There is also an entire blogosphere's worth of SEO advice there for the Googling. Much of it is good - but take it with a grain of salt, and make sure that the page you're reading is recent, since SEO information goes stale fast.
Those tricks you learned in 2008 might not work any more
One of the peculiar challenges of SEO is that, as a discipline, it's constantly evolving. While Google has clear guidelines on how SEO should and shouldn't work, it keeps the precise workings of its search engine shrouded in secrecy.
With billions of people trying to use its search engine to their advantage, Google is constantly updating the algorithm that it uses to rank web pages, looking for new ways to search out useful Web pages while weeding out junky ones and thwarting spammers.
Every time the algorithm changes, the factors that make Web pages rise and fall change somewhat, and the SEO industry scrambles to adapt.
For small businesses, this means a couple of things.
First, received wisdom about SEO is next to useless. Ideas that were in vogue a few years ago (like stuffing your page with useless or invisible keywords, or writing swaths of duplicate text) don't work any more. Best to go back to the source to refresh on what's effective in 2011.
But the same caveat about do-it-yourselfers also applies to SEO contractors. The field is unaccredited, and it's a difficult subject to teach in schools, since the subject is in such flux.
"By the time a curriculum is written, it's irrelevant," Mr. Wilson says. "You can't get a degree in it - let's put it that way."
Therefore, SEO is best practised by those who practice it - a lot.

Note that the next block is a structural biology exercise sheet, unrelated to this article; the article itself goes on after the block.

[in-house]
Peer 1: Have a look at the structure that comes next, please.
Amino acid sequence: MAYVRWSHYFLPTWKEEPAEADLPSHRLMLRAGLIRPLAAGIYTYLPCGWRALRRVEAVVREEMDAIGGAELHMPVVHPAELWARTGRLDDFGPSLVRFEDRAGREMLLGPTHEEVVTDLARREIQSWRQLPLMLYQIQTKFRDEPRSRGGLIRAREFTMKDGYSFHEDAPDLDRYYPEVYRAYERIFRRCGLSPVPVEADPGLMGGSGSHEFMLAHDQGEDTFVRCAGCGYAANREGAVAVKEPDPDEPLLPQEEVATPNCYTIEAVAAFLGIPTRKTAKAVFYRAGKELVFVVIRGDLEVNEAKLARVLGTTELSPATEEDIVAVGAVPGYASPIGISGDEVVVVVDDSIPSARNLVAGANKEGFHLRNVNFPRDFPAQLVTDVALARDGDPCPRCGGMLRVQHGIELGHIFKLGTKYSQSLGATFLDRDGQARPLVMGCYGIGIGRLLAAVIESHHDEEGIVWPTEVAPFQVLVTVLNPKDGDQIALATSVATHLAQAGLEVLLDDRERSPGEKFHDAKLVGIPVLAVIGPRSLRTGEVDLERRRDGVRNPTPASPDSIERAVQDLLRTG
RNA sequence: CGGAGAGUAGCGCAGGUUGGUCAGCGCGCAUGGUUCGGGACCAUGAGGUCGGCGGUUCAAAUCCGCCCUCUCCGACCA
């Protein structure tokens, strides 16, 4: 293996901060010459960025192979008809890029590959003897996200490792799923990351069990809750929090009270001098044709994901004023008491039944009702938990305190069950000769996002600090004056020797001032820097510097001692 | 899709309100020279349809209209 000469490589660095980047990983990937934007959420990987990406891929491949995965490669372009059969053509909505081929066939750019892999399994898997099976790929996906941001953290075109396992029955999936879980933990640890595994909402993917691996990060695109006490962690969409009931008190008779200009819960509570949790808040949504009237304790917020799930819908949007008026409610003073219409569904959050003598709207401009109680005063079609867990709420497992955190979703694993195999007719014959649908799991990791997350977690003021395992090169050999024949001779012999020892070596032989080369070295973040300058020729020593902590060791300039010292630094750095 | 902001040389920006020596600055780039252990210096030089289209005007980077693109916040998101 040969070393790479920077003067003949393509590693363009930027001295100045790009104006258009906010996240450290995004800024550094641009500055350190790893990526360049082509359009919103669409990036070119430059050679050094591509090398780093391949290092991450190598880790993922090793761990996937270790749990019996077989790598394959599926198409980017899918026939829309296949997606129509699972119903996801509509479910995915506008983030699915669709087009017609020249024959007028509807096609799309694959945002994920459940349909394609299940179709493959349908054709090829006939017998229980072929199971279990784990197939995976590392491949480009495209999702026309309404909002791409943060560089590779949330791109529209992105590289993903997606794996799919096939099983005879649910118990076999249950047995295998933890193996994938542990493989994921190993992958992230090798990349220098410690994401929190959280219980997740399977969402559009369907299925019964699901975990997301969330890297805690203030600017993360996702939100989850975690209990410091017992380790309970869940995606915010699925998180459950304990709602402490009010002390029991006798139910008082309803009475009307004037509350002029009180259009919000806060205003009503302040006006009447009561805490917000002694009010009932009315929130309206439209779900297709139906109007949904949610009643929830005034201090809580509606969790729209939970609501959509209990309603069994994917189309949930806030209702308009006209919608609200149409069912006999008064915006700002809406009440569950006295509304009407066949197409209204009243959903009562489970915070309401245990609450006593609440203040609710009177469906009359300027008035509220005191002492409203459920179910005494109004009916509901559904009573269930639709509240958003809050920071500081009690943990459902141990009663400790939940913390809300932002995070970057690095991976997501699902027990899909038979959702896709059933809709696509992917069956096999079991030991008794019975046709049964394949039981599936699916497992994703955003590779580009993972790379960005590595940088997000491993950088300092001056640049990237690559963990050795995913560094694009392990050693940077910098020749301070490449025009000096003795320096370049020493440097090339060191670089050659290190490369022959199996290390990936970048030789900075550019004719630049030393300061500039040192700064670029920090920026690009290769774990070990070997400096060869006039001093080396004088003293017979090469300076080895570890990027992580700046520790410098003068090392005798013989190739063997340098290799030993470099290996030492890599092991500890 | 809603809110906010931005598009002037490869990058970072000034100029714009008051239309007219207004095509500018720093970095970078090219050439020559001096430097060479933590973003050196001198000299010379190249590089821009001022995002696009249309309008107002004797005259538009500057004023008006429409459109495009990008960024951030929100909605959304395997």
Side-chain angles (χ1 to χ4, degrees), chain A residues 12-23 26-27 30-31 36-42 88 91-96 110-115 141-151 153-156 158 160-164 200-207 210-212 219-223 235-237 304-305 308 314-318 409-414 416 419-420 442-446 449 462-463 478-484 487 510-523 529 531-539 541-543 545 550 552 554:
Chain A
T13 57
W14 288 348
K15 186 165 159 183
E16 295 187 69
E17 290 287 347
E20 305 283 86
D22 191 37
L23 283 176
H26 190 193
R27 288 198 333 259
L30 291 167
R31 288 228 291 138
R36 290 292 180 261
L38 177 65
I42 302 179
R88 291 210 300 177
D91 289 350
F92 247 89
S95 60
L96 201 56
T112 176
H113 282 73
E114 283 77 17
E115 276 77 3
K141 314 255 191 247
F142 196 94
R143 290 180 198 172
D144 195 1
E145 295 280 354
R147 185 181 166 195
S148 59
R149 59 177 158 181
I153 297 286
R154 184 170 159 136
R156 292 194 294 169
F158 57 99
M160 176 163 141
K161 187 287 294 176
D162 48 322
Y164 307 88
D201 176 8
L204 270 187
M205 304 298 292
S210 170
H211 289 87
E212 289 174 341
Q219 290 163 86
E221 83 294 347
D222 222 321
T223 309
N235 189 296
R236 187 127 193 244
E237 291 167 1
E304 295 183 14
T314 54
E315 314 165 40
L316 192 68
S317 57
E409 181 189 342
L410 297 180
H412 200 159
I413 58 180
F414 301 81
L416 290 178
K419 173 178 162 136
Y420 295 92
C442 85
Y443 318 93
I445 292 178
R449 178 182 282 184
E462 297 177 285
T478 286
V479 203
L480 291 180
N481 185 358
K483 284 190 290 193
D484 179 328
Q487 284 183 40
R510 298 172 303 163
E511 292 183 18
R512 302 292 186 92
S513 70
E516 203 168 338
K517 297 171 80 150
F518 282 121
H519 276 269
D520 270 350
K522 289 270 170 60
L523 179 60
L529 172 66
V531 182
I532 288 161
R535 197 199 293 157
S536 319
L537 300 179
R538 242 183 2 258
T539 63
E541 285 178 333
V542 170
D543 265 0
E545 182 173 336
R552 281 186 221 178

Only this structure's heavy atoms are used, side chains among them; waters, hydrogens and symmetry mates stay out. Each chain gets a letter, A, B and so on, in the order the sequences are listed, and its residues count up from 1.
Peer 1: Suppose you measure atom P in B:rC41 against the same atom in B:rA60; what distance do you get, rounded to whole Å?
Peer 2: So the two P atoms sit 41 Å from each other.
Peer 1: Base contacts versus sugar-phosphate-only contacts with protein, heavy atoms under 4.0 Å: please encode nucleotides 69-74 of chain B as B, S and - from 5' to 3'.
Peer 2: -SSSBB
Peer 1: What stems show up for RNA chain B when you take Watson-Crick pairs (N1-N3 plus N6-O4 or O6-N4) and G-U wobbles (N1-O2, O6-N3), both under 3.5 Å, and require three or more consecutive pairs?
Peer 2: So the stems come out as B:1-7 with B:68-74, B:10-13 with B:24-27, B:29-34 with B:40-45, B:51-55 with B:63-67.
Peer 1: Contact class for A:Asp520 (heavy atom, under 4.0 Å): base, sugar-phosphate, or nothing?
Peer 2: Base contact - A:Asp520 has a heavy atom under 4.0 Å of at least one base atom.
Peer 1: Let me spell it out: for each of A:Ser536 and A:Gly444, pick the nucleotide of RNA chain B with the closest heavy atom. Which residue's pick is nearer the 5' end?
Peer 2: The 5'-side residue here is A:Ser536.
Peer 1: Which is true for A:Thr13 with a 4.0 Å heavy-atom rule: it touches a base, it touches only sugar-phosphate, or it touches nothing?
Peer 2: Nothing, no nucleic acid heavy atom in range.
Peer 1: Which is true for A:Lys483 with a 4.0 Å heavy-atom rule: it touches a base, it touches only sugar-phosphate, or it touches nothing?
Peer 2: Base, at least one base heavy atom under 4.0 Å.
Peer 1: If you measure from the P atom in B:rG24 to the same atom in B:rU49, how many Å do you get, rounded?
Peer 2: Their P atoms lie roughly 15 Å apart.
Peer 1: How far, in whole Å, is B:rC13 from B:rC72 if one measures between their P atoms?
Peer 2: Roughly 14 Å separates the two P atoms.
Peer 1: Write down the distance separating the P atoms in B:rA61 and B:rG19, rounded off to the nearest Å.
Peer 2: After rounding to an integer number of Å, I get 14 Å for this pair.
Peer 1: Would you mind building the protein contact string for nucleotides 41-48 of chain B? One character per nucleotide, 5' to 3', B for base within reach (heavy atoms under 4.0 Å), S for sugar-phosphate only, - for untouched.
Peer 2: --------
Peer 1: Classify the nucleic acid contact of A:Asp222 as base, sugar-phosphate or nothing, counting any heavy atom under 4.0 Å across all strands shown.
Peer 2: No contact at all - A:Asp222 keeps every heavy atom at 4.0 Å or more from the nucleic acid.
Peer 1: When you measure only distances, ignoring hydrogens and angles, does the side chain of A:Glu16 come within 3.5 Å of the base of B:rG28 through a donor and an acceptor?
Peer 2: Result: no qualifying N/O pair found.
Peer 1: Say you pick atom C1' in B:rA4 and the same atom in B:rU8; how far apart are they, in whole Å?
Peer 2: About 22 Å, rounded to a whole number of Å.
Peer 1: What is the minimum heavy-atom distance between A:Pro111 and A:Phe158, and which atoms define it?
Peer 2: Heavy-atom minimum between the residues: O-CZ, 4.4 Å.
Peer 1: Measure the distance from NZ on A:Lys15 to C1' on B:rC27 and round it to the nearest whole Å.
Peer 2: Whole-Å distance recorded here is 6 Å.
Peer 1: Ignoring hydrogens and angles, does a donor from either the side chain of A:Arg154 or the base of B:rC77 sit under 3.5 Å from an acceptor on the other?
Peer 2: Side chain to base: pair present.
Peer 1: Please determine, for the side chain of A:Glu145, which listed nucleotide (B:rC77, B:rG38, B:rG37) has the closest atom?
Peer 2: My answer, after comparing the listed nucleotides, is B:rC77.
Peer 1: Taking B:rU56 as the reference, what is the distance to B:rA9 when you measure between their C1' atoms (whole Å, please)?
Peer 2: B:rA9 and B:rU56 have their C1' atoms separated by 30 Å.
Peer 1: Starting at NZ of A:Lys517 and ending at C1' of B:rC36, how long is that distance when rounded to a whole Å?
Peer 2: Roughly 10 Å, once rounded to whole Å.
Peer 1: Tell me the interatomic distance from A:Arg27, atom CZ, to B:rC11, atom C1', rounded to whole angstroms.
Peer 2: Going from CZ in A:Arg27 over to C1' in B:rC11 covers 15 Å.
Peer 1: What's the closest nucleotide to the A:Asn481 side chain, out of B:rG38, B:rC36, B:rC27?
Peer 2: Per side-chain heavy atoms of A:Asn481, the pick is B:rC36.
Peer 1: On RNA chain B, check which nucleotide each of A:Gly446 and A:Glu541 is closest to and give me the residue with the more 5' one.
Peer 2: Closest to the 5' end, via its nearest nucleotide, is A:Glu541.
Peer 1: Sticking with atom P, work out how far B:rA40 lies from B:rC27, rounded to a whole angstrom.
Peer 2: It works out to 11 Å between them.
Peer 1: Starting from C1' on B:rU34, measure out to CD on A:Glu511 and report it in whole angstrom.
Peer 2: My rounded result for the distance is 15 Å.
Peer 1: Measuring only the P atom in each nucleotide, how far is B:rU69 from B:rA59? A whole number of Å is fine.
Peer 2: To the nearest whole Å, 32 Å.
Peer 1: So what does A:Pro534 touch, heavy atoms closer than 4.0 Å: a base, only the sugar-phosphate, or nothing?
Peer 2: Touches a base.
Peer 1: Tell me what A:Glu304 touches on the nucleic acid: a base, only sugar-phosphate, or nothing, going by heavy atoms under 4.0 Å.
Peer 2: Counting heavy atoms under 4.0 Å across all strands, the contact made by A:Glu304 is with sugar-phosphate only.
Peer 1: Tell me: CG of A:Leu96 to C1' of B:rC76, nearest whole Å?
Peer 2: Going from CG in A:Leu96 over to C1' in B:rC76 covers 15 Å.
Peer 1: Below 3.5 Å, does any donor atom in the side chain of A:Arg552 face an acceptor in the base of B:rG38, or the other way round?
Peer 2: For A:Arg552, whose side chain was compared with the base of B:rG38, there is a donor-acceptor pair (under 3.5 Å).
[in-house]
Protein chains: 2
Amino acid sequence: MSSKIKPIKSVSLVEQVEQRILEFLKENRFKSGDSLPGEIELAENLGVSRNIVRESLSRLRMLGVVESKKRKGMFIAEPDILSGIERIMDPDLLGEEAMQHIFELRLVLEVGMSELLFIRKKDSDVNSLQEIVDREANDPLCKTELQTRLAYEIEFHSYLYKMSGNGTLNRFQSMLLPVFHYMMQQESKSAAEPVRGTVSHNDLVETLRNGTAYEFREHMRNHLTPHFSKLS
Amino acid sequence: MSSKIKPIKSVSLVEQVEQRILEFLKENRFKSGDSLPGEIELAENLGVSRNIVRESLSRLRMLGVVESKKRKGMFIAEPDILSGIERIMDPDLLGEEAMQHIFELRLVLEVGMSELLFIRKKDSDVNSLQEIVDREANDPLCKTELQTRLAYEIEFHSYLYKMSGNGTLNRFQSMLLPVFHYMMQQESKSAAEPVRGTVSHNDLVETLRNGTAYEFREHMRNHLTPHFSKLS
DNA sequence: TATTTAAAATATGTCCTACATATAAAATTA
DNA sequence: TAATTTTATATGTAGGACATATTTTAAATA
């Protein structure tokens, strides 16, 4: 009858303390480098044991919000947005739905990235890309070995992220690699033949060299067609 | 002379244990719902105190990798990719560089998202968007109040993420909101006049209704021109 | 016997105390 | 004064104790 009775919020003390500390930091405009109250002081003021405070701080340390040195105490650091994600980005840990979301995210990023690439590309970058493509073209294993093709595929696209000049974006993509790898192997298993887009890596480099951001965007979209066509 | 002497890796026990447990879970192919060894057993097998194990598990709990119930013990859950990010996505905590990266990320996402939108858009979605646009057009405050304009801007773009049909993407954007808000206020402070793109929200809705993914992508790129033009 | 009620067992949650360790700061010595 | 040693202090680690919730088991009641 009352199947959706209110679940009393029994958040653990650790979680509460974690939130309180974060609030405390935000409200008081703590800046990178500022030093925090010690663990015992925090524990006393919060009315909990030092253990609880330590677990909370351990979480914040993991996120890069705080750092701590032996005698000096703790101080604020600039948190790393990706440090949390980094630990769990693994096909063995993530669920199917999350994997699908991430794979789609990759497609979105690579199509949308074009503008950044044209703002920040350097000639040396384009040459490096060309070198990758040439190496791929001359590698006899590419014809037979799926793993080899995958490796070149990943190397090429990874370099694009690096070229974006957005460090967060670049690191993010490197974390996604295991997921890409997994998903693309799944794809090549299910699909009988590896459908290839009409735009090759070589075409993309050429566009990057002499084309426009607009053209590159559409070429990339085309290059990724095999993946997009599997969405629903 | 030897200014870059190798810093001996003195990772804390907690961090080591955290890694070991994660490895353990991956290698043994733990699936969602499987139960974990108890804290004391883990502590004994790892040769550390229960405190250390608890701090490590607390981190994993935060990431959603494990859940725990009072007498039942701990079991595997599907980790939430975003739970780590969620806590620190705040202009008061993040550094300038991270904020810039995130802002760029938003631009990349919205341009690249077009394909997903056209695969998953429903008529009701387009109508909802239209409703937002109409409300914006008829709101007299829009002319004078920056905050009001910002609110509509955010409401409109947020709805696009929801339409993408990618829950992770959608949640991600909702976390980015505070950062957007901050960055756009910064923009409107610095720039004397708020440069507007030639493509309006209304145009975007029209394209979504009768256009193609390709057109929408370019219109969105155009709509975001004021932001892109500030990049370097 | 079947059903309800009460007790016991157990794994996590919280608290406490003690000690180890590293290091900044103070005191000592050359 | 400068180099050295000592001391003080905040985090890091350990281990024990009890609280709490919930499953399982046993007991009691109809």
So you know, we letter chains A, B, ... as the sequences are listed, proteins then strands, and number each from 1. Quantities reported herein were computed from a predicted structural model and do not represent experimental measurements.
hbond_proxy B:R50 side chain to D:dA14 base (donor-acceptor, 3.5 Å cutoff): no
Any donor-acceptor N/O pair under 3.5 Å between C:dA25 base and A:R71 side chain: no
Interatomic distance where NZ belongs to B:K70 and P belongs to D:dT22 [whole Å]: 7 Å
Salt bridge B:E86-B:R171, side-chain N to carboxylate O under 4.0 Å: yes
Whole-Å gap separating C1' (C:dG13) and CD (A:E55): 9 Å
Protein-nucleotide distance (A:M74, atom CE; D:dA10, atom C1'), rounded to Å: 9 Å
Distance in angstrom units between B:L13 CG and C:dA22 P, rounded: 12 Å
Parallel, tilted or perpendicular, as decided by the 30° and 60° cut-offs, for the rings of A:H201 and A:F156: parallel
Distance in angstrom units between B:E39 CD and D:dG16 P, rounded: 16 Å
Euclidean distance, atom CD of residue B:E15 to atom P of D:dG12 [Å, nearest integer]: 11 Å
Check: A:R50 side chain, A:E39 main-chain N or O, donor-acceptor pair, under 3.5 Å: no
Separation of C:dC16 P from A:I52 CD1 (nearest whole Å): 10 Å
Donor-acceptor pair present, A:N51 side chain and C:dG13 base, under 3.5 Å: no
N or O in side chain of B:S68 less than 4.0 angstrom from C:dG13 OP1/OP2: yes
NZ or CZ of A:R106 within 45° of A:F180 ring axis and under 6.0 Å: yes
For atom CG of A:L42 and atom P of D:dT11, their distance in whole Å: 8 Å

Hire with care
"SEO is one of those things where you should start to ask very tough questions," says Ian Capstick, a principal at MediaStyle, an Ottawa communications consultancy. "There are some very good people, and then there are a lot of people who are going to outsource it on your behalf without telling you."
There are plenty of unethical SEO practices out there. Since search engines determine the relevance of a Web page in part by the number of other pages that link to it, one time-worn tactic has been to create vast networks of phony websites that link to one another. It's called " link-farming." Fly-by-night operators can set these up in a hurry, operating overseas, but it's only a matter of time before Google tears them down.
"Slowly, but surely. Google's going to sort out that these are totally not valuable links," Mr. Capstick says.
In general terms, keep a wary eye on any SEO provider that promises results on a given keyword, offers quick fixes or hard-and-fast results, and doesn't come with references.
Most importantly, read up on SEO basics, and avoid anyone whose techniques seem to be at odds with what search engines like Google recommend themselves.
After all, it's Google's game; we're just playing it.
Good SEO providers will take the official approach and expand on it, showing website owners the tricks to making good on these principles. And that's just what we'll explore in this series, in the weeks to come.
Special to The Globe and Mail